I began to research my dissertation where I looked at romantic attachment style and a woman’s ability to breastfeed. You might think these topics are unrelated until you realize that the breastfeeding relationship is probably the most intimate relationship of a woman’s lifetime. It’s complete with eye-gazing, skin-to-skin contact, a non-sexual arousal that comes with suckling, all for , like, seven hours a day! I don’t know of any other love relationship with that much interface. What I learned is that if a woman has an avoidant attachment style, that is, she fears intimacy, she will be far more likely to fall victim to the “booby traps” in our culture that prevent women from engaging in mother nature’s perfect union, the breastfeeding relationship.
During my research, I began to read deeper into the work of John Bowlby, the founder of attachment theory along with other great thinkers, Mary Ainsworth and Mary Main. That led me to the area of ethology, animal imprinting. From there I turned to evolutionary psychology and the great works of evolutionary psychologist David Buss and anthropologist, Sarah Blaffer Hrdy, (spelled correctly, I swear) whose research shows us that most human mating behaviors are the same around the world and are ingrained in our DNA. Our cavewoman wisdom is still available to us today, if we only learn how to use it.
Long after my dissertation was defended, I couldn’t keep myself focused on psychology alone. There are just too many influences on relationships. Take, for instance, sociology. One’s romantic attachment style, whether it leans anxious or avoidant, might play out differently in Manhattan in 2014 in a dating pool with an over-supply of successful women versus California during the gold rush of 1848, where women were scarce. Mating success is partly a numbers game. Biology holds clues to romantic bonding, too. For example, people with wide mood swings associated with serotonin uptake in the brain tend to have more divorces if they marry someone with the same brain chemistry. And partners with disparate immune systems tend to have better sex.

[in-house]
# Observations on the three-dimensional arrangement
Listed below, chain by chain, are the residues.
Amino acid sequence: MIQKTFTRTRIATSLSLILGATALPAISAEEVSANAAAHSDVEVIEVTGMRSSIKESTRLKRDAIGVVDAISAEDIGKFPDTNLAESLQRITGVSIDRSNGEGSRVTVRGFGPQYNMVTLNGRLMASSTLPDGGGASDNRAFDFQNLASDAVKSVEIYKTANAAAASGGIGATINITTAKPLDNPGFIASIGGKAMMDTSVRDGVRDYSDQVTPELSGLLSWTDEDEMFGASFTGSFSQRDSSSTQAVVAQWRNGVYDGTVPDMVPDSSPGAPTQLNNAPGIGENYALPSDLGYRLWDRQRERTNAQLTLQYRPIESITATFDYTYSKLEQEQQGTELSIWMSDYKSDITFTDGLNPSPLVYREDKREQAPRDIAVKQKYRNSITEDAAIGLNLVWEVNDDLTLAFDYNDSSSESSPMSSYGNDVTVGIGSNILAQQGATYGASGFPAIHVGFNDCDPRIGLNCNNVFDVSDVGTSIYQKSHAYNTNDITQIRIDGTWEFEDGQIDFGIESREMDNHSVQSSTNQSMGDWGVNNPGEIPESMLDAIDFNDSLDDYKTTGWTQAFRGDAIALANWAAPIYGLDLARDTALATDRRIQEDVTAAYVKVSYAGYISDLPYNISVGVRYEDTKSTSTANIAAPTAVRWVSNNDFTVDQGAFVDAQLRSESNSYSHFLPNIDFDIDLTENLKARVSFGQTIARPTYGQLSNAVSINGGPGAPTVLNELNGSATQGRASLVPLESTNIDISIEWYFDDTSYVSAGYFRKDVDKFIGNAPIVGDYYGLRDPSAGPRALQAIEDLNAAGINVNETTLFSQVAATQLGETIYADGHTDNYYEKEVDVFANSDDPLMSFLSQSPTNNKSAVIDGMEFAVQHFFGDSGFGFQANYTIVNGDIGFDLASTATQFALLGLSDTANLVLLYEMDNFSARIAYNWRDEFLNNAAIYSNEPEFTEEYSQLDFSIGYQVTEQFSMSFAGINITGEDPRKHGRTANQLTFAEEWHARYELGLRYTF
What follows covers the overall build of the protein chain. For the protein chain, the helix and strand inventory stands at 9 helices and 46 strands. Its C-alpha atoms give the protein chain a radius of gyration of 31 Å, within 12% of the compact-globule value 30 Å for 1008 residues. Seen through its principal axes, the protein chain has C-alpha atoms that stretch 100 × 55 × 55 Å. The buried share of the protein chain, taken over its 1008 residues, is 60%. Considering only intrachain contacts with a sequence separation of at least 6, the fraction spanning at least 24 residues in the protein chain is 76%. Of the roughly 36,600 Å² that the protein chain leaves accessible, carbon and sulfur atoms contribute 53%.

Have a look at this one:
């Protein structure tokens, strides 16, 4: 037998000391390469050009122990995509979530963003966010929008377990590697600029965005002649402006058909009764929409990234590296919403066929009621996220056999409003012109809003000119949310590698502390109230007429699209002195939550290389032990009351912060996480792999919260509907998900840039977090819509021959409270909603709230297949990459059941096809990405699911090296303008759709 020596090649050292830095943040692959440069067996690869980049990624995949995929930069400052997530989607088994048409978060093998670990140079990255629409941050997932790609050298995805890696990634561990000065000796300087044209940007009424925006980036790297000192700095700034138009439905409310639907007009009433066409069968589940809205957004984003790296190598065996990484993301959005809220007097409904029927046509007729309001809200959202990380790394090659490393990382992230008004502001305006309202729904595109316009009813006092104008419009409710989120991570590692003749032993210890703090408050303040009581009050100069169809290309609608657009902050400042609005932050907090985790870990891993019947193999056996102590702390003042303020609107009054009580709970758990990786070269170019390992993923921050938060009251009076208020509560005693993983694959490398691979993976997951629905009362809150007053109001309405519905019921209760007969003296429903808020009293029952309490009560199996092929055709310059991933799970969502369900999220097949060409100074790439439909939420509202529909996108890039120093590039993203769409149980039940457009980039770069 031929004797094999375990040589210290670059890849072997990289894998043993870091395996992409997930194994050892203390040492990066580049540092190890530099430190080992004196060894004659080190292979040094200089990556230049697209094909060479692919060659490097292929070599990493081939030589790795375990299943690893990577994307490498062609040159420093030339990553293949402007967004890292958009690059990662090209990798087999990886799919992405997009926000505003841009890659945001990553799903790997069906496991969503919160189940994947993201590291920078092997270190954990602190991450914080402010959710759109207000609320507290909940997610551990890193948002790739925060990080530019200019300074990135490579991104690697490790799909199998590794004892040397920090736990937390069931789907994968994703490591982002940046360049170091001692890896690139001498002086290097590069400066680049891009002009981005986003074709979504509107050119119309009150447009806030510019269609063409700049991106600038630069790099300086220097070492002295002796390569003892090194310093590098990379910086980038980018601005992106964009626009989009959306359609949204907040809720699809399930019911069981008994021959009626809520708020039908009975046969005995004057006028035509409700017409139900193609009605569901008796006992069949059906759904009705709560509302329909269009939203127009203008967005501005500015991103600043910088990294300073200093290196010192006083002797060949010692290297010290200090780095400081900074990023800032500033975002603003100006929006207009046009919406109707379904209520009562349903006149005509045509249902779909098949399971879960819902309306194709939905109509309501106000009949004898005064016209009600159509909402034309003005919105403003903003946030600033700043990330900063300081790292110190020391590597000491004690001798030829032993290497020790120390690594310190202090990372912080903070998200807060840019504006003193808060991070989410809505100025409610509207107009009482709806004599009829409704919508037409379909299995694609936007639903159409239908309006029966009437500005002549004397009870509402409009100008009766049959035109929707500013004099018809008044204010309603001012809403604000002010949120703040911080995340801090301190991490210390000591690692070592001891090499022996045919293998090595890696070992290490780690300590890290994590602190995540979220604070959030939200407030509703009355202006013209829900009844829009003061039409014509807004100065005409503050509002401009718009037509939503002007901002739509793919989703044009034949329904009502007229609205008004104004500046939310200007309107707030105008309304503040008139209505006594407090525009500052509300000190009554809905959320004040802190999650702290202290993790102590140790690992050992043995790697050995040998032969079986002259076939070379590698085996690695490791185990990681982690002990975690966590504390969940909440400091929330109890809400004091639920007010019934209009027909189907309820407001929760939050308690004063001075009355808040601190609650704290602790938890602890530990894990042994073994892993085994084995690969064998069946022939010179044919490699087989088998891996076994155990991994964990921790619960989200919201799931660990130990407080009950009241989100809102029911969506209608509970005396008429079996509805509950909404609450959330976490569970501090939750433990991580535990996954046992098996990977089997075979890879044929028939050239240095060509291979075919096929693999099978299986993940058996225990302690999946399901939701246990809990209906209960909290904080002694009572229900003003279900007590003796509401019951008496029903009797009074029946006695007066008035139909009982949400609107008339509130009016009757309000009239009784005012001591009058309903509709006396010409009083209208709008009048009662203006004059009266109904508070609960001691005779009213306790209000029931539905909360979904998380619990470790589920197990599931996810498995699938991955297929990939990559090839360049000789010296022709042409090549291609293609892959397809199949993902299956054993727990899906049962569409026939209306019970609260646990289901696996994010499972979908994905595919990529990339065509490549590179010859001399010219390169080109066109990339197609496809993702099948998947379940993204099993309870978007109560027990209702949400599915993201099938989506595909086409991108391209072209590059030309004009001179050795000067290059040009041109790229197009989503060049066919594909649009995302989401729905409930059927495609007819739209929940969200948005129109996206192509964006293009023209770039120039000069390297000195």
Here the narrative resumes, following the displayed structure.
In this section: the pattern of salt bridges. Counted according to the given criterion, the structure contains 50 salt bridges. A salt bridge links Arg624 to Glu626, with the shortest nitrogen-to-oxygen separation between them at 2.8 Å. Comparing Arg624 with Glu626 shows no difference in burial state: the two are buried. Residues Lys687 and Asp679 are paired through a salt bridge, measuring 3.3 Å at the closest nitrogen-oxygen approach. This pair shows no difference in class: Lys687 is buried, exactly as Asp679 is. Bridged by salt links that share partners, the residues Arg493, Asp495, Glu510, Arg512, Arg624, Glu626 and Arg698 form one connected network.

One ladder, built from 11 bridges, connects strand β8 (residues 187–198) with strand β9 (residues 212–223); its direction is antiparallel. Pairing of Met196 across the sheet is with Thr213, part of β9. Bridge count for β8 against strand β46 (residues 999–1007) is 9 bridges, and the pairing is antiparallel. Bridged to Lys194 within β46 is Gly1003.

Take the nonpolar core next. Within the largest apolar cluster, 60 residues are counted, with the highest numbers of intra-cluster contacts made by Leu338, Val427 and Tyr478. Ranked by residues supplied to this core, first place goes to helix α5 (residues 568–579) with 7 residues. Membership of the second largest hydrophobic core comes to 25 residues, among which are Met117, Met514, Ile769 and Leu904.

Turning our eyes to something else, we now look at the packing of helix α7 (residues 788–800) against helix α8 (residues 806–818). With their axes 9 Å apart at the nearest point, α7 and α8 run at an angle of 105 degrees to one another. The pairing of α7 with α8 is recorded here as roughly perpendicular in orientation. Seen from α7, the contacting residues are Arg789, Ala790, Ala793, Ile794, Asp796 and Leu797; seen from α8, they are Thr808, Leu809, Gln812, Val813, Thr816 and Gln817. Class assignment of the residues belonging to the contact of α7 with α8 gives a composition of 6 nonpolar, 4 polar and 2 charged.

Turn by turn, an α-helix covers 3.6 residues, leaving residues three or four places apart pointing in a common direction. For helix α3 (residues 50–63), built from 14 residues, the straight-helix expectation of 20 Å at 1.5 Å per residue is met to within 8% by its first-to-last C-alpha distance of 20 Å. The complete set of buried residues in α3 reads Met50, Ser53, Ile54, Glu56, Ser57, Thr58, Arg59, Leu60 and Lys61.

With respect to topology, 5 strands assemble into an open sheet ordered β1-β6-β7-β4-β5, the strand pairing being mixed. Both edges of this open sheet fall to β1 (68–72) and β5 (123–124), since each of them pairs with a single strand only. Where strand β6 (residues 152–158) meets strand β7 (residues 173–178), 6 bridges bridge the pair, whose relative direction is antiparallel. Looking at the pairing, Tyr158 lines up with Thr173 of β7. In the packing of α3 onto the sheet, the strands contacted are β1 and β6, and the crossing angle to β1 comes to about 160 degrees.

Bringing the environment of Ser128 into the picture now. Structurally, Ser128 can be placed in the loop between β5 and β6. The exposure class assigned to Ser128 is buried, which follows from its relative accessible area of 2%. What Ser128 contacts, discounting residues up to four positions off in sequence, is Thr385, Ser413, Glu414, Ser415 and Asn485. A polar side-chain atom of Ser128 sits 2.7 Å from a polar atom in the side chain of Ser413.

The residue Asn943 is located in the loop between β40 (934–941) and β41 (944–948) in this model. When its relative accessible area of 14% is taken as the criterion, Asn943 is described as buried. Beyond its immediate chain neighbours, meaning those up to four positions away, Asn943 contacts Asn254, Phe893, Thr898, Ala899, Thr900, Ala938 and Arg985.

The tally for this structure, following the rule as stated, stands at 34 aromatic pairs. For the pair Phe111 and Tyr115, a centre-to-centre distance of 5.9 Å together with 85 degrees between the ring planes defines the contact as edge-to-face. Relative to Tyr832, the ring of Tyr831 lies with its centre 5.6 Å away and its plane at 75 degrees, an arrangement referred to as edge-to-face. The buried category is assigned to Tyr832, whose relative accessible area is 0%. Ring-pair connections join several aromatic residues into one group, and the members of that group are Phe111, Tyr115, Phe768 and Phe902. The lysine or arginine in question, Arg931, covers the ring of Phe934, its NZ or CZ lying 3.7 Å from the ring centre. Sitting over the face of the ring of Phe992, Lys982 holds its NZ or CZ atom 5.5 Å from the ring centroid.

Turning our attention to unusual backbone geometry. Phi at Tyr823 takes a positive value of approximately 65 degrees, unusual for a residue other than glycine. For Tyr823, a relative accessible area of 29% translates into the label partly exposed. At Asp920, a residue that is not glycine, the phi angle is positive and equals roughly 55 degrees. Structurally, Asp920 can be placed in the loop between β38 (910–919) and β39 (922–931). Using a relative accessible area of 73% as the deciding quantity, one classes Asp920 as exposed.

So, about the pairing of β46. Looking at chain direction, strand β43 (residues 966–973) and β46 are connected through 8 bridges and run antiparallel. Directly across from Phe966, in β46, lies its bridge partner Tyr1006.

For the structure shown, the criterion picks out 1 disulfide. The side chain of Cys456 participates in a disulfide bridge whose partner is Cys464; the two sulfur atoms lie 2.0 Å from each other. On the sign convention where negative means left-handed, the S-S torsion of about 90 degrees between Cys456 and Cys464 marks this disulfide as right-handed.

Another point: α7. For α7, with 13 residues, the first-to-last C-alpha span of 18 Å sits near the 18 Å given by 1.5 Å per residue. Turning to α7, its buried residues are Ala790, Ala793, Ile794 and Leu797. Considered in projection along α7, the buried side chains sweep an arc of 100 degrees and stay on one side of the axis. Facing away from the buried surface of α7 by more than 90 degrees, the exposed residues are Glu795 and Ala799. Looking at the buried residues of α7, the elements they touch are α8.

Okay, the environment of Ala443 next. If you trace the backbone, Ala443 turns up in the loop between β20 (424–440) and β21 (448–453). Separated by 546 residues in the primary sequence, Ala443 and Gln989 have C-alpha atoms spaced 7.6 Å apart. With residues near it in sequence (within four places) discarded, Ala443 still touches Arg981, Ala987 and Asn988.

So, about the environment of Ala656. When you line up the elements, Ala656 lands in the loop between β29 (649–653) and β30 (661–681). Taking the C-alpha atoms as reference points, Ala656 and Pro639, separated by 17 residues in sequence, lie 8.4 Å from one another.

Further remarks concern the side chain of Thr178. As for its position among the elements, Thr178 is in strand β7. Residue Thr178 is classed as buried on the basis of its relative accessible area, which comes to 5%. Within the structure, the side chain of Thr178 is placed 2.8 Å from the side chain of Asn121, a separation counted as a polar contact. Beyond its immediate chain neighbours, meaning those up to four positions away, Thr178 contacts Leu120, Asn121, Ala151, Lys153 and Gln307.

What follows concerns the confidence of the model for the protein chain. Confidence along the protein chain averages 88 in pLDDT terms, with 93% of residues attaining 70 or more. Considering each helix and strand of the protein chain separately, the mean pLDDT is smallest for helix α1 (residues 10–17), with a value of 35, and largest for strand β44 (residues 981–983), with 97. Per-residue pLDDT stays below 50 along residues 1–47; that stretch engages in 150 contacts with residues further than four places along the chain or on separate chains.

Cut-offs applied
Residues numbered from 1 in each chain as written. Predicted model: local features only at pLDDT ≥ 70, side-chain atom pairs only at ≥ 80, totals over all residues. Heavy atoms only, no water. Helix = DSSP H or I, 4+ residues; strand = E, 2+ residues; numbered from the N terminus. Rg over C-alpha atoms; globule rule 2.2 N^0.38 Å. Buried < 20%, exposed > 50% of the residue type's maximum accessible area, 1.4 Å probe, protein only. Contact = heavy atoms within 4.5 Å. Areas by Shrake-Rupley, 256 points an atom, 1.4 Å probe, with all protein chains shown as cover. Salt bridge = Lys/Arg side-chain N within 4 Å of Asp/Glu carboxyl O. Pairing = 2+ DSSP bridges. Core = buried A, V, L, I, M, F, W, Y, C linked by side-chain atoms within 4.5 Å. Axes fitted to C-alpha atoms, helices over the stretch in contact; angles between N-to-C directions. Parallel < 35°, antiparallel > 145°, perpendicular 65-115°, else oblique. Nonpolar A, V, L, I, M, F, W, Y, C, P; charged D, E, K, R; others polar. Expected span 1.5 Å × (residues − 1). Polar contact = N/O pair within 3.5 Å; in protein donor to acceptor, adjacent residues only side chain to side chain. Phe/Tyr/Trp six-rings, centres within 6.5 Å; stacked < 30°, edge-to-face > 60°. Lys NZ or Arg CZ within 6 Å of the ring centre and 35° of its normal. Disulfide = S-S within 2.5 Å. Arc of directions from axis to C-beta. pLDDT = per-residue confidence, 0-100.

Each piece of emerging research in the new science of intimate relationships led me to more writing, more blogging, more thinking, more reading and a greater desire to put this into some logical equation. I was desperate to cast a big, bright spotlight on the science of love. After all, my own genes were at stake. I had been blessed with giving birth to two daughters. I feel it is my job to prepare them for life, and in my mind, the most important skill needed to survive is the skill to produce emotionally healthy offspring who have secure attachment styles themselves. Humans have evolved to bond. But when trauma throws a wrench into the delicate cogs of the wheel of Mother Nature’s perfect plan, a family risks falling out of evolution’s chain. Yikes! I became hell-bent on not letting that happen to my daughters’ descendants because of what had happened to their previous generations.
This is why I wrote UNDER THE ICE, a creative memoir about emotionally transmitted diseases that travel the female line. I hope you enjoy this book and find out something about yourself in the process of learning more about me.